tinues to lead in the Republican race to succeed Douglas, but the result remains too close to call as Maricopa County continues to verify signatures in more than 100,000 early ballots that were returned on election day. The Republican victor in the race will run against Kathy Hoffman, a speech therapist who won the Democratic nomination.
When the final votes are tallied, the winners in Tuesday’s primary election will renew their campaigns in preparation for the November general election. Voters will have the chance to elect new officials and to decide the outcome of several ballot propositions.
Click here for a full list of Congressional, statewide, and legislative election results.
Arizona Supreme Court Rulings Remove Two Initiatives
Due to rulings from the Arizona Supreme Court this week, voters will not vote on two citizen initiatives that were submitted earlier this summer.
The Court ruled that the Invest in Education initiative supporters did not adequately describe the impact of the proposed increase to specific income taxes on their petitions, and therefore did not meet statutory requirements. (The debate over income tax impact has unfolded at the legislature, as well.)
The Supreme Court also ruled that the Outlaw Dirty Money initiative would not appear on the ballot because some individuals who collected signatures on the petitions failed to appear in court to discuss their work on the initiative. State law requires signature gatherers to respond to subpoenas, and signatures collected by the individuals who did not comply were disqualified. Without them, the initiative did not meet the required number of signatures to move to the ballot.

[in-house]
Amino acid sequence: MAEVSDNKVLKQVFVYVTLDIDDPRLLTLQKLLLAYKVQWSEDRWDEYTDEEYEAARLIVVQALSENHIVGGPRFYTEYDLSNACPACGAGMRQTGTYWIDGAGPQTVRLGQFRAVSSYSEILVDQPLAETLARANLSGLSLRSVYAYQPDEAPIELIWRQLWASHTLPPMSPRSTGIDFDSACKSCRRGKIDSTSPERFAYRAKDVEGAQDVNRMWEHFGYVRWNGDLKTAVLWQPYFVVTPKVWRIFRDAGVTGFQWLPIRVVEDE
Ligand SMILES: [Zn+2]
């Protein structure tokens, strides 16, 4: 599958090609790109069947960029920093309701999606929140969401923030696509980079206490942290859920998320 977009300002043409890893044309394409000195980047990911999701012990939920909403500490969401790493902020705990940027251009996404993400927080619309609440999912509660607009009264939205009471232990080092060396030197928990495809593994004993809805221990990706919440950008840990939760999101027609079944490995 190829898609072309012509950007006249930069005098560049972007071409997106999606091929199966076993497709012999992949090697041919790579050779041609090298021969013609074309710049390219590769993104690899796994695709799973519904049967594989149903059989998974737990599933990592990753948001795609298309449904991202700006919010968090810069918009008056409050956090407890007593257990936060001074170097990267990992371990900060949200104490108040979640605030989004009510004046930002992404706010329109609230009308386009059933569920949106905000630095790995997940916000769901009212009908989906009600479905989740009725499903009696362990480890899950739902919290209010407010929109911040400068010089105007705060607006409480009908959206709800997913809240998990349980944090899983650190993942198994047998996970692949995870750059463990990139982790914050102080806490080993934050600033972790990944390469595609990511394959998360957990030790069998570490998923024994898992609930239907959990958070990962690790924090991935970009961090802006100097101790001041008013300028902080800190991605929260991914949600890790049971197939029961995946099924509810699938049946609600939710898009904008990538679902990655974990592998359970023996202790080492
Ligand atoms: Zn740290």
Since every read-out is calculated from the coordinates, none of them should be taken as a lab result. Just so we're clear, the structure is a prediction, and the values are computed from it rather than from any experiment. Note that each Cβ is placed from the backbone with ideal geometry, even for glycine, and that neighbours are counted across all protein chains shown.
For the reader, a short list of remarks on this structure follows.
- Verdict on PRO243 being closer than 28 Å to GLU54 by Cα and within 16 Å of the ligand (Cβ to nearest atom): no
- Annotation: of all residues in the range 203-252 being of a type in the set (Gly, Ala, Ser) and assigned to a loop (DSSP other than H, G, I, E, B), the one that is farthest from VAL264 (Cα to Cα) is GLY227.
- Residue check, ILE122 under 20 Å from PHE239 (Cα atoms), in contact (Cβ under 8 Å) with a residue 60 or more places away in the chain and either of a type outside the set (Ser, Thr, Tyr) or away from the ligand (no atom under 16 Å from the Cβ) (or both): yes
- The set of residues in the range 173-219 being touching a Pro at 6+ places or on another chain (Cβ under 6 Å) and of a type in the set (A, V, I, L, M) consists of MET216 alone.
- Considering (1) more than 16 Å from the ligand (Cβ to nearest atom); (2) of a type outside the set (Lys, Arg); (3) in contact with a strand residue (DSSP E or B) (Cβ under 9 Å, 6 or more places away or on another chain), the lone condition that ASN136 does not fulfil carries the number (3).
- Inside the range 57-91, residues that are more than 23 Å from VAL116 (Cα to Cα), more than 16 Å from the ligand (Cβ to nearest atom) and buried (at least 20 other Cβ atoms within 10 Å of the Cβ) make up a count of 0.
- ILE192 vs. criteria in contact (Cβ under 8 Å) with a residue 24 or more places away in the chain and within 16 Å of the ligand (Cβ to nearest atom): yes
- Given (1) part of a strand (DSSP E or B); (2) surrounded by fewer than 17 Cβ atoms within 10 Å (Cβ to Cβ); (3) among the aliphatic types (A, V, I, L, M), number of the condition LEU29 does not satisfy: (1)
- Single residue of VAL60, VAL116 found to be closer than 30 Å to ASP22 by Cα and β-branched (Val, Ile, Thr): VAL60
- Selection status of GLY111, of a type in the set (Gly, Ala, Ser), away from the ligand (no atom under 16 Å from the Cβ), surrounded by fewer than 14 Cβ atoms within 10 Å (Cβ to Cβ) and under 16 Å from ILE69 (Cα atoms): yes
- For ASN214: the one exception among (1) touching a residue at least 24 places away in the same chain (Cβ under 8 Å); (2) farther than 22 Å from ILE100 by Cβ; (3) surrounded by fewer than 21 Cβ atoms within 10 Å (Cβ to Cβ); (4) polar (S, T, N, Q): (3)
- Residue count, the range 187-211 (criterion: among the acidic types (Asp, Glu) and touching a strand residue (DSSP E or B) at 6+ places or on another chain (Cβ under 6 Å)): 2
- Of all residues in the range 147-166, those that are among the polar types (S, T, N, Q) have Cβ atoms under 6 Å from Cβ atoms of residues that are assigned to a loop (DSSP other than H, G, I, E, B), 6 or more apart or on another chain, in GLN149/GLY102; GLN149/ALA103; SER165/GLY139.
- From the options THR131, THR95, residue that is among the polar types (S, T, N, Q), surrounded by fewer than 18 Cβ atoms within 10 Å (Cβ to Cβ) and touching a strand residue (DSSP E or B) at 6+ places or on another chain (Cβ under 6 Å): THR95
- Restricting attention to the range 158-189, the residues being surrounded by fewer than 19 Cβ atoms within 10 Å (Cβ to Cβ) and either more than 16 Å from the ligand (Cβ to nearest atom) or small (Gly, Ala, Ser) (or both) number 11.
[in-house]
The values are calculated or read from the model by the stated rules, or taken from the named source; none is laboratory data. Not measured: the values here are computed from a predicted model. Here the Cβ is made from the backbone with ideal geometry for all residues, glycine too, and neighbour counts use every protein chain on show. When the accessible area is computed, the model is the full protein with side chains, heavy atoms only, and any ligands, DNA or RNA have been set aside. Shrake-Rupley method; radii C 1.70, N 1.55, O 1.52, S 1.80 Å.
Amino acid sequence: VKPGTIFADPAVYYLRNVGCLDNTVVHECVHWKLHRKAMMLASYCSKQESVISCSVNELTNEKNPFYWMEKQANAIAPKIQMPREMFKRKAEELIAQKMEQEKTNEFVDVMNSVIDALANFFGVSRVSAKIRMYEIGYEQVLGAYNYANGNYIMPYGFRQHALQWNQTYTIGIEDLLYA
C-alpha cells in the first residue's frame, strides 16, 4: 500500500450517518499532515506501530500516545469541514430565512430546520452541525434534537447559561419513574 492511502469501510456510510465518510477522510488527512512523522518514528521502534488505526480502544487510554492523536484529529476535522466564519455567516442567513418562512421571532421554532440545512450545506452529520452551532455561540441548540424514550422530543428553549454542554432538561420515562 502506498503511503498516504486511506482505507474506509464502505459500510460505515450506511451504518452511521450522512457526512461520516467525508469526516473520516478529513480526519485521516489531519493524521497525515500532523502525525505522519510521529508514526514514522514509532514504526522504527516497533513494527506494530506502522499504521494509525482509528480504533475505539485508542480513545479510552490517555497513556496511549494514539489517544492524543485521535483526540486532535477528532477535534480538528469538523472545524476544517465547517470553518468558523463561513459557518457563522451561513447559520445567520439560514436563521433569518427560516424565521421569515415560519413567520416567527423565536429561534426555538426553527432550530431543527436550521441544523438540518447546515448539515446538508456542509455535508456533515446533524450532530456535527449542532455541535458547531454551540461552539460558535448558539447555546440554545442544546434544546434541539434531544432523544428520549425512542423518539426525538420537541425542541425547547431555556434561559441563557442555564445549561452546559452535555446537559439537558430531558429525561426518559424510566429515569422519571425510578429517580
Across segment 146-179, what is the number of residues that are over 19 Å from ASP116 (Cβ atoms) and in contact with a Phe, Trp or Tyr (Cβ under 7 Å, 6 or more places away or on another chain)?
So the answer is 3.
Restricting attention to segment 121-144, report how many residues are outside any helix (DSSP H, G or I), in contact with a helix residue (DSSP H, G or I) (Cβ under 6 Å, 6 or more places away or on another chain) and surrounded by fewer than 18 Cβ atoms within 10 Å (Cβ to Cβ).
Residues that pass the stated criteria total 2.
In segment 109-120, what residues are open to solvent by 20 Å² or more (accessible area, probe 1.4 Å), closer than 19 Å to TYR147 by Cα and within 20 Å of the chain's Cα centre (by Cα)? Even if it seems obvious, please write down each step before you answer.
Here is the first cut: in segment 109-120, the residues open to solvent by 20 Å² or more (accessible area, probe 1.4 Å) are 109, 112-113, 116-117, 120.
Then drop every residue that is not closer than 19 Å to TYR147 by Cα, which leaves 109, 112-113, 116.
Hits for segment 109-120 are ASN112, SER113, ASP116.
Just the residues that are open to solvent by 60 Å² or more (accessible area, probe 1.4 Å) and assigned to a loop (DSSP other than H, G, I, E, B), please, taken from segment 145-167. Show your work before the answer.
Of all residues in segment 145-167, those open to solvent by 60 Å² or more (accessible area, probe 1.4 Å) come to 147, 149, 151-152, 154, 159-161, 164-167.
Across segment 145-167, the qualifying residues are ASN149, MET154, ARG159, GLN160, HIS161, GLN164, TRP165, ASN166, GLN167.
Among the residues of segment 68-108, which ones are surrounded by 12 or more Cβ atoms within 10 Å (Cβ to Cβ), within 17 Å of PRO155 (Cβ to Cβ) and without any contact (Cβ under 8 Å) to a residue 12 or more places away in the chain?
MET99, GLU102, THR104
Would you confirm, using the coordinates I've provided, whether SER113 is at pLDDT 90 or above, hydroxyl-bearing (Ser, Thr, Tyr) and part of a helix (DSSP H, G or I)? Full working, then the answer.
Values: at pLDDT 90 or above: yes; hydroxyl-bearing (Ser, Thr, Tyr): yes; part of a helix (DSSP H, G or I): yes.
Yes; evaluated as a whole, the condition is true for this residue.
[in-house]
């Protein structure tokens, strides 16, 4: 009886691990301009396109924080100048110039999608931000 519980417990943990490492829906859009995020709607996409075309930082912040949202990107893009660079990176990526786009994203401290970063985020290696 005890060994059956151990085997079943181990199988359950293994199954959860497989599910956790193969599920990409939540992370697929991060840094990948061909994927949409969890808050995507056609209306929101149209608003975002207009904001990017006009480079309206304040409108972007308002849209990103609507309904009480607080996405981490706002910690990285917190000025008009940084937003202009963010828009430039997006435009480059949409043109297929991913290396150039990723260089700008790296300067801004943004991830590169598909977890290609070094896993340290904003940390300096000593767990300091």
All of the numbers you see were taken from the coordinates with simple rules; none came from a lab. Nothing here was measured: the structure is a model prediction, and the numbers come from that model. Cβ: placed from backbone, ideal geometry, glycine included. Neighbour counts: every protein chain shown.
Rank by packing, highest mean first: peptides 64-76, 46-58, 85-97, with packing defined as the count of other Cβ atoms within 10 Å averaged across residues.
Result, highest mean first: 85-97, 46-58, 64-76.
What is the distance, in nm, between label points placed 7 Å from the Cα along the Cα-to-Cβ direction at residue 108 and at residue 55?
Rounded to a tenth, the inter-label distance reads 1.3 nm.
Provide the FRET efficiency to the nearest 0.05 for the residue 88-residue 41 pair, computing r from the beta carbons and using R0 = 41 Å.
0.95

The rulings drew very divided reactions. Opponents of the initiatives celebrated the successful legal action against the proposals, but supporters expressed frustration and pledged to continue advocating for the education funding and campaign finance changes they’d hoped to put before voters this year.
DES Begins Process to Offer ABLE Act Service in Arizona
In the 2016 legislative session, state leaders enacted a law that created tax-free savings accounts for some individuals with disabilities. The accounts are authorized under the federal Achieving a Better Life Experience (ABLE) Act. The Arizona law created an Oversight Committee to guide the Arizona Department of Economic Security’s implementation of the program.
Although Arizona’s ABLE program formally launched in March of this year, last week DES proposed rules that will govern the ABLE Act accounts. The rules are open for public comment until October 3 and will likely become effective early next year after the Governor’s Regulatory Review Council approves them.
For more information on Arizona’s ABLE Accounts, click here.
Senator McCain’s memorial at the National Cathedral in Washington, D.C. is Saturday, September 1 at 7:00 a.m. Arizona time (click here for a livestream of the event). Next week, Governor Ducey is expected to name his appointee to fill the Senator’s seat for two years. (In 2020, voters will have the chance to elect someone to the Senate seat for another two years. In 2022, at the end of what would have been Senator McCain’s term, Arizonans will vote for a candidate to start a new six-year term in the Senate.)
There is widespread speculation about who the Governor may appoint, but he has avoided commenting on the decision throughout the week of tributes to Senator McCain.
On the Bright Side…
Barrow Neurological Institute continues to provide new insights into how students and parents make decisions about school sports due to the growing understanding of concussions, and the United Food Bank celebrated the opening of a new refrigeration unitthat will expand its service to Arizonans – just in time for Hunger Action Month in September.